en plein air: 23rd Street studio


The story is that when I looked out of my window last Thursday afternoon, on the coldest, windiest day of the winter, I saw this painter and his rig. I had often seen him planted elsewhere on the block, often, as here, painting the Chelsea Hotel across the street, but on those occasions I would have been too respectful of his privacy, or maybe just to self-conscious, to intrude on his concentration with my camera.

This time it was different, since it was unlikely I could disturb him and equally unlikely I or my machine would draw anyone's attention. I took this picture and later returned to the window (without the camera) to see if he would still be there. He was, but I now saw that a young woman was standing at the driver's side of the car seen in this picture, looking a little puzzled, and a somewhat older man was standing in the street ahead of it pointing to something in the area of the left front fender. Then I saw a smile of recognition come to the woman's face and she stepped forward to pull and gather up what turned out to be a large, bunched-up clear plastic bag. It had probably become stuck somewhere on the car. She thanked the helpful stranger, walked over to the curb and plopped it in the midst of the painter's bags, each of them strapped to luggage carriers. She returned to the other side of the car, slipped into the driver's seat and drove off.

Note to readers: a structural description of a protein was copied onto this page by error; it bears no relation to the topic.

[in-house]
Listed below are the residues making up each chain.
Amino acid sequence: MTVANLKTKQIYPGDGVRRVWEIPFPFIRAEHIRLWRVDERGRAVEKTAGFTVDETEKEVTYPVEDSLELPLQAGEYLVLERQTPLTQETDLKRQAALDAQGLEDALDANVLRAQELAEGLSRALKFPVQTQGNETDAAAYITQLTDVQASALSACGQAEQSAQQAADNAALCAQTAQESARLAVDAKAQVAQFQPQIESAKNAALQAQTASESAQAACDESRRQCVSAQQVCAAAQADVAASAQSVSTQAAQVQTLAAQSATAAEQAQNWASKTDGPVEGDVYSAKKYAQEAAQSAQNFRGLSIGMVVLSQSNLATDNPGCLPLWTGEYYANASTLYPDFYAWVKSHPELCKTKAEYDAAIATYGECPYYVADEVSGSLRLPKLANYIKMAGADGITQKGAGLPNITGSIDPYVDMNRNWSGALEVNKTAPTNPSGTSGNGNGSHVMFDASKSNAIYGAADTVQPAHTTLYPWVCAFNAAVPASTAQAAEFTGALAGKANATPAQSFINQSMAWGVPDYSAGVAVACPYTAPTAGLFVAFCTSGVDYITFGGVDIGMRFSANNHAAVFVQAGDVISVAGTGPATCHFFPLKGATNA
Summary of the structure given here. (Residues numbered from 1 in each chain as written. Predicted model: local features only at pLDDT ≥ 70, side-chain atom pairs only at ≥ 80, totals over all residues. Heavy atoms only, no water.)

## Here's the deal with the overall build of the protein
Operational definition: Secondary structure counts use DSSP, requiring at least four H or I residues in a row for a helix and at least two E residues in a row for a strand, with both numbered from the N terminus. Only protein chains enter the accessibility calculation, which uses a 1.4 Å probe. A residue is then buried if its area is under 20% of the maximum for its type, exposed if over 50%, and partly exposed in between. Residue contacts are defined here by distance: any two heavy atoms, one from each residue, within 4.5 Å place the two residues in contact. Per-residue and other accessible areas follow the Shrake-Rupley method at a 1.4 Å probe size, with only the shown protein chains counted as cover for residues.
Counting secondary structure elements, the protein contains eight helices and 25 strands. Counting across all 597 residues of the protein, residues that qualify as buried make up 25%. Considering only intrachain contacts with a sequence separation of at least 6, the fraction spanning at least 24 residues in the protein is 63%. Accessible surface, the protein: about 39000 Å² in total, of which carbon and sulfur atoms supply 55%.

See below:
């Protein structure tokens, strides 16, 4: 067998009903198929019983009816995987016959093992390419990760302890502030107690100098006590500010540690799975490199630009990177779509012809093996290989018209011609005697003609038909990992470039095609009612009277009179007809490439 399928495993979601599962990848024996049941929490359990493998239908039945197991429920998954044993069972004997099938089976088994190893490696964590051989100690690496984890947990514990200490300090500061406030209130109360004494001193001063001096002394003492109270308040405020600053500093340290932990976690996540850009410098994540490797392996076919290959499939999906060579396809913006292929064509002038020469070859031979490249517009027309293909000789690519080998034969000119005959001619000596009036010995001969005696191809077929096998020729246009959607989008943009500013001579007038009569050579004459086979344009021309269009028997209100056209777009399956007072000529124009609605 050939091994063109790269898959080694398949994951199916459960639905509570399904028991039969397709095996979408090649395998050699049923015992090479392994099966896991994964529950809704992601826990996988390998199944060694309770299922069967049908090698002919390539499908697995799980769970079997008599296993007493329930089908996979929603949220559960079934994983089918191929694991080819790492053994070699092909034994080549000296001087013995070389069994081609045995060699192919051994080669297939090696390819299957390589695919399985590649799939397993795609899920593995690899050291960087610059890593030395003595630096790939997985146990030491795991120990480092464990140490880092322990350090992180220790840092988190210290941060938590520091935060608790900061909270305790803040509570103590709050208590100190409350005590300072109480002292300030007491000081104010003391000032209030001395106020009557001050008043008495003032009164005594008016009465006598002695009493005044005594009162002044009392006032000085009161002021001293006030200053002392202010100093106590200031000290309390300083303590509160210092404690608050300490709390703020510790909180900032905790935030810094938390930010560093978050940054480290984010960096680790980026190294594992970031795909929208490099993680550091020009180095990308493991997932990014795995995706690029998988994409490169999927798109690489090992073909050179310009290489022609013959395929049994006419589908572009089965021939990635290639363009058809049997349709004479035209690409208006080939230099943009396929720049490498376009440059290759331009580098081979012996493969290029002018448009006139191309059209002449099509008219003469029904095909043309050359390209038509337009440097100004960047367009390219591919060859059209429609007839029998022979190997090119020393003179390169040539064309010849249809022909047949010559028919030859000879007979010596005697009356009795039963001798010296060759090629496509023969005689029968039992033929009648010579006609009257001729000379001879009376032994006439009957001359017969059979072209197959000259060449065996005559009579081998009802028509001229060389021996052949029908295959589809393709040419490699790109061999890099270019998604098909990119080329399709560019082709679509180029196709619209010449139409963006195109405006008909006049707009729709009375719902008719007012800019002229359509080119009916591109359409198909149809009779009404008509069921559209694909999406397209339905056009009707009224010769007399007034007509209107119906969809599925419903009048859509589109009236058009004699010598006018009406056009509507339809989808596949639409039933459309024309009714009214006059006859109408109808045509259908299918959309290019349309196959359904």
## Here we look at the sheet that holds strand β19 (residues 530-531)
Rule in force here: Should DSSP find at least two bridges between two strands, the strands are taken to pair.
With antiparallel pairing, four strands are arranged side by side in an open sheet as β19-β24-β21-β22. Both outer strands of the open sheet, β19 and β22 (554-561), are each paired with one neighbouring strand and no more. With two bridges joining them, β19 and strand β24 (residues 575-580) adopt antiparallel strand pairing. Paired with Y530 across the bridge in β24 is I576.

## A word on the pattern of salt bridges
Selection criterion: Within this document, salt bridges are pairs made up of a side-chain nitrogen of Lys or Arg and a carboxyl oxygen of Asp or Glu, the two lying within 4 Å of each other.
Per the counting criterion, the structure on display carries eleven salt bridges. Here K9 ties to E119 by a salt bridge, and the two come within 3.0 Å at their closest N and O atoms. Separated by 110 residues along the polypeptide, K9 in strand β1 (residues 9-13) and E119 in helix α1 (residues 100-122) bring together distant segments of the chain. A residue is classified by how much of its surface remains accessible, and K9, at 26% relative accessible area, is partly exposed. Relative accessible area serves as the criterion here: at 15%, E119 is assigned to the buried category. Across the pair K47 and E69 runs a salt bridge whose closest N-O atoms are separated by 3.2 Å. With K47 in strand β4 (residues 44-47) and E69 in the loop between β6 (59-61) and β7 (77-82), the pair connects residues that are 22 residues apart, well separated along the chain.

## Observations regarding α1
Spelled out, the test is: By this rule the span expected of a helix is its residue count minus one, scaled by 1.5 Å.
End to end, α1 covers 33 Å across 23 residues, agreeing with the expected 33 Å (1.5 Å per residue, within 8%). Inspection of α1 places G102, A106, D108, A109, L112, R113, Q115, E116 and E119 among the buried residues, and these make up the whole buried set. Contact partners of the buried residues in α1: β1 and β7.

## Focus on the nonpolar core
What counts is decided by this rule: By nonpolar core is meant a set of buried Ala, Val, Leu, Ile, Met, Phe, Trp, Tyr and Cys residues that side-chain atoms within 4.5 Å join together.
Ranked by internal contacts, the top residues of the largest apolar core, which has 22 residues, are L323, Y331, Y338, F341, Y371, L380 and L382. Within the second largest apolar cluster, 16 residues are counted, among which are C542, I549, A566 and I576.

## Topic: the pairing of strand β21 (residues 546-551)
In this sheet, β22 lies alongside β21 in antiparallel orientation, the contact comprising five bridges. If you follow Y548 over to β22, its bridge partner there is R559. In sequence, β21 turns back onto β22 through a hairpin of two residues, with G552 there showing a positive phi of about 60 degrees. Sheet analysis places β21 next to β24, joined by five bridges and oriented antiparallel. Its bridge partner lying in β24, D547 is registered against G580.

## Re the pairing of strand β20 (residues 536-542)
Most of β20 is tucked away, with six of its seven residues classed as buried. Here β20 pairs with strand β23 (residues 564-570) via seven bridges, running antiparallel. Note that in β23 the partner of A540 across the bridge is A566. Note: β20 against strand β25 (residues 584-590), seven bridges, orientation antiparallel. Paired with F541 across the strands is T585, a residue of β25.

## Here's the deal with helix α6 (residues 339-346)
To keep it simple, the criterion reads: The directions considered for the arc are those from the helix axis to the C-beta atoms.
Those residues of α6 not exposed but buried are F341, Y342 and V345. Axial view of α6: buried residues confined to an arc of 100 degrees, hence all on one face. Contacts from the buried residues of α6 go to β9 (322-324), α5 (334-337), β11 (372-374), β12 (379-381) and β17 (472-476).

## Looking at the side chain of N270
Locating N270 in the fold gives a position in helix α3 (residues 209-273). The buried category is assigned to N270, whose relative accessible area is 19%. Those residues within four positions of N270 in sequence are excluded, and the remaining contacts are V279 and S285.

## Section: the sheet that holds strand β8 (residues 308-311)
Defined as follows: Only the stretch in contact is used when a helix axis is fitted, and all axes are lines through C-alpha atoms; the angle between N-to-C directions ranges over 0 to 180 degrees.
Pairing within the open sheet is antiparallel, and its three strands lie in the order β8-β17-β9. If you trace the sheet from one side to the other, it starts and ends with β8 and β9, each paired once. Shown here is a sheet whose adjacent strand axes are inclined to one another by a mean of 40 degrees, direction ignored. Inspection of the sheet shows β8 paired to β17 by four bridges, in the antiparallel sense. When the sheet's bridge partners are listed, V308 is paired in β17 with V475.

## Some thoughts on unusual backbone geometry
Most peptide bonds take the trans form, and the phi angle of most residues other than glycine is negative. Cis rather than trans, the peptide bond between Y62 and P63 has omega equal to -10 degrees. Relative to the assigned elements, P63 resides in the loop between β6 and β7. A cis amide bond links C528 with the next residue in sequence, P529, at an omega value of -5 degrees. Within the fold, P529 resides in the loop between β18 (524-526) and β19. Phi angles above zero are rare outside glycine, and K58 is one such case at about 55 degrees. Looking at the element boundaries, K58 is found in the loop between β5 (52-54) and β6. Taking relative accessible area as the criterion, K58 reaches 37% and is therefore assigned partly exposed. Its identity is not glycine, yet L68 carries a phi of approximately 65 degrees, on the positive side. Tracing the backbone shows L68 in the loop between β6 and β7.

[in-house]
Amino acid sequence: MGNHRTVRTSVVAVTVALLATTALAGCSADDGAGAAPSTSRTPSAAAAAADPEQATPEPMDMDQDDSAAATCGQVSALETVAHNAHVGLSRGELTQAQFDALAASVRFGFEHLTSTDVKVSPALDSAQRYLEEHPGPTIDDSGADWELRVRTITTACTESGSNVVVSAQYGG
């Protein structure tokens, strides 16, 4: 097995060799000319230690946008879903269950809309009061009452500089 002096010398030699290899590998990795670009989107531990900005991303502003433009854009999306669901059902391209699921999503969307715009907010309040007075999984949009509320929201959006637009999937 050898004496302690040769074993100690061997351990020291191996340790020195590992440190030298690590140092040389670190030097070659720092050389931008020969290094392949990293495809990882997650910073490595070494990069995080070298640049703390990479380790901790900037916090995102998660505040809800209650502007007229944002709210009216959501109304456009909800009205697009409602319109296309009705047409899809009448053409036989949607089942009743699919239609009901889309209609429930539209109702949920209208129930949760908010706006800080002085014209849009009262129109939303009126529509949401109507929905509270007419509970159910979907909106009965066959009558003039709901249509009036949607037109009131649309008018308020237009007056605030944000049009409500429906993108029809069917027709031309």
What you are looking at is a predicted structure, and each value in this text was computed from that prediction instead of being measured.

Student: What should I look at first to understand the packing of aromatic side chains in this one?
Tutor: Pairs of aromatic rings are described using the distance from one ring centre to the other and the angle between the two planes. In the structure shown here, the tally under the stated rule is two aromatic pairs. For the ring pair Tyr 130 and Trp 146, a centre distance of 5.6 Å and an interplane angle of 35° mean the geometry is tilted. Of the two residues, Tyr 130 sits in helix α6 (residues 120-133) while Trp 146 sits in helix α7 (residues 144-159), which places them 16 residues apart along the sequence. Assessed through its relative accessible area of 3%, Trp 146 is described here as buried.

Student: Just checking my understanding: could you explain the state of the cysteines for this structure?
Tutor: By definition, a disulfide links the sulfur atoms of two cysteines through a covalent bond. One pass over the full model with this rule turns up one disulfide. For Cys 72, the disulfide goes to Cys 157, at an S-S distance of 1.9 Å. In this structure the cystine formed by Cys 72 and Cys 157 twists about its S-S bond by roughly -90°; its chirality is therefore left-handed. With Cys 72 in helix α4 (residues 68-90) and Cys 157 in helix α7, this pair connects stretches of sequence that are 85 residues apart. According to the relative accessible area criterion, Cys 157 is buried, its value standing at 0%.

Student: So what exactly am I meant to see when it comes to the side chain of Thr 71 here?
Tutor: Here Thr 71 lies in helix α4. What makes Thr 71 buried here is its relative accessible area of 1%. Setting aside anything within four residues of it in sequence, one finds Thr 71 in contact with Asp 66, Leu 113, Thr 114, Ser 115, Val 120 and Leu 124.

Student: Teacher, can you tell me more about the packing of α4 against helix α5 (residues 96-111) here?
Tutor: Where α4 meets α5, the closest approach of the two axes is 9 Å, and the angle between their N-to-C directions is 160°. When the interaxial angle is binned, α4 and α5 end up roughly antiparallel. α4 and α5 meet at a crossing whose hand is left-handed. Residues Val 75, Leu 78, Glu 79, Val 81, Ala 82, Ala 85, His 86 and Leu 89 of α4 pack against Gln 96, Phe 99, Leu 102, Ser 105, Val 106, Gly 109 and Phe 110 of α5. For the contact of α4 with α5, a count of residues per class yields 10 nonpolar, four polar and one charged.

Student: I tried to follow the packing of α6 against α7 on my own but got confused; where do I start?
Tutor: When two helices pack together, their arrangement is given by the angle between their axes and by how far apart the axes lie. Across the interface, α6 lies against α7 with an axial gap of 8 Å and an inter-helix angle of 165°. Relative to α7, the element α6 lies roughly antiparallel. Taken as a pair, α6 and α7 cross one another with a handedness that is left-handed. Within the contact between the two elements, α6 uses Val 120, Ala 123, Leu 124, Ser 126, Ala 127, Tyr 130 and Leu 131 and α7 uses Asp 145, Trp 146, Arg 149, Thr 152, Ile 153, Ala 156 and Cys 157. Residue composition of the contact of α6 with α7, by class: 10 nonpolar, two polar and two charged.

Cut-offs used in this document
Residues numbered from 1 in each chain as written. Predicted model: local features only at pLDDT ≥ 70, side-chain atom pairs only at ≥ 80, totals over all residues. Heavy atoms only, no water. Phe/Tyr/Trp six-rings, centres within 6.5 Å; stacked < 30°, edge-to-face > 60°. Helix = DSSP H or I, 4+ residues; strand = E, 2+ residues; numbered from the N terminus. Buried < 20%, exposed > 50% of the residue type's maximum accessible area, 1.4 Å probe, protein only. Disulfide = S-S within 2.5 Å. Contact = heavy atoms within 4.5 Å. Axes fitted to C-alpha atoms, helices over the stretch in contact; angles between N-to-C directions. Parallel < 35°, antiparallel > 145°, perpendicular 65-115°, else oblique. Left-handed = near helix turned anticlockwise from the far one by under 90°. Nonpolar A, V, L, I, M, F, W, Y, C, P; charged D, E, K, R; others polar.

She had apparently remained throughout totally unaware of the artist's presence, and of his equipment as well. Probably she was only sufficiently aware of her environment to see some vaguely trash-bag shape already sitting on the curb, and that was where her own offending litter would be deposited.

I can't end the story without allowing that the artist appeared to be no more aware of his environment than she was: He didn't seem to notice any of what had just transpired, including his bags being mistaken for trash. In fact, he never looked away from his canvas. Ah, the singular concentration of the artist can apparently be sustained even in the open air.

UPDATE: All thanks to the folks at "Living With Legends: Hotel Chelsea Blog", I've learned that the artist is David Combs, who used to live in the Chelsea, and may now have returned.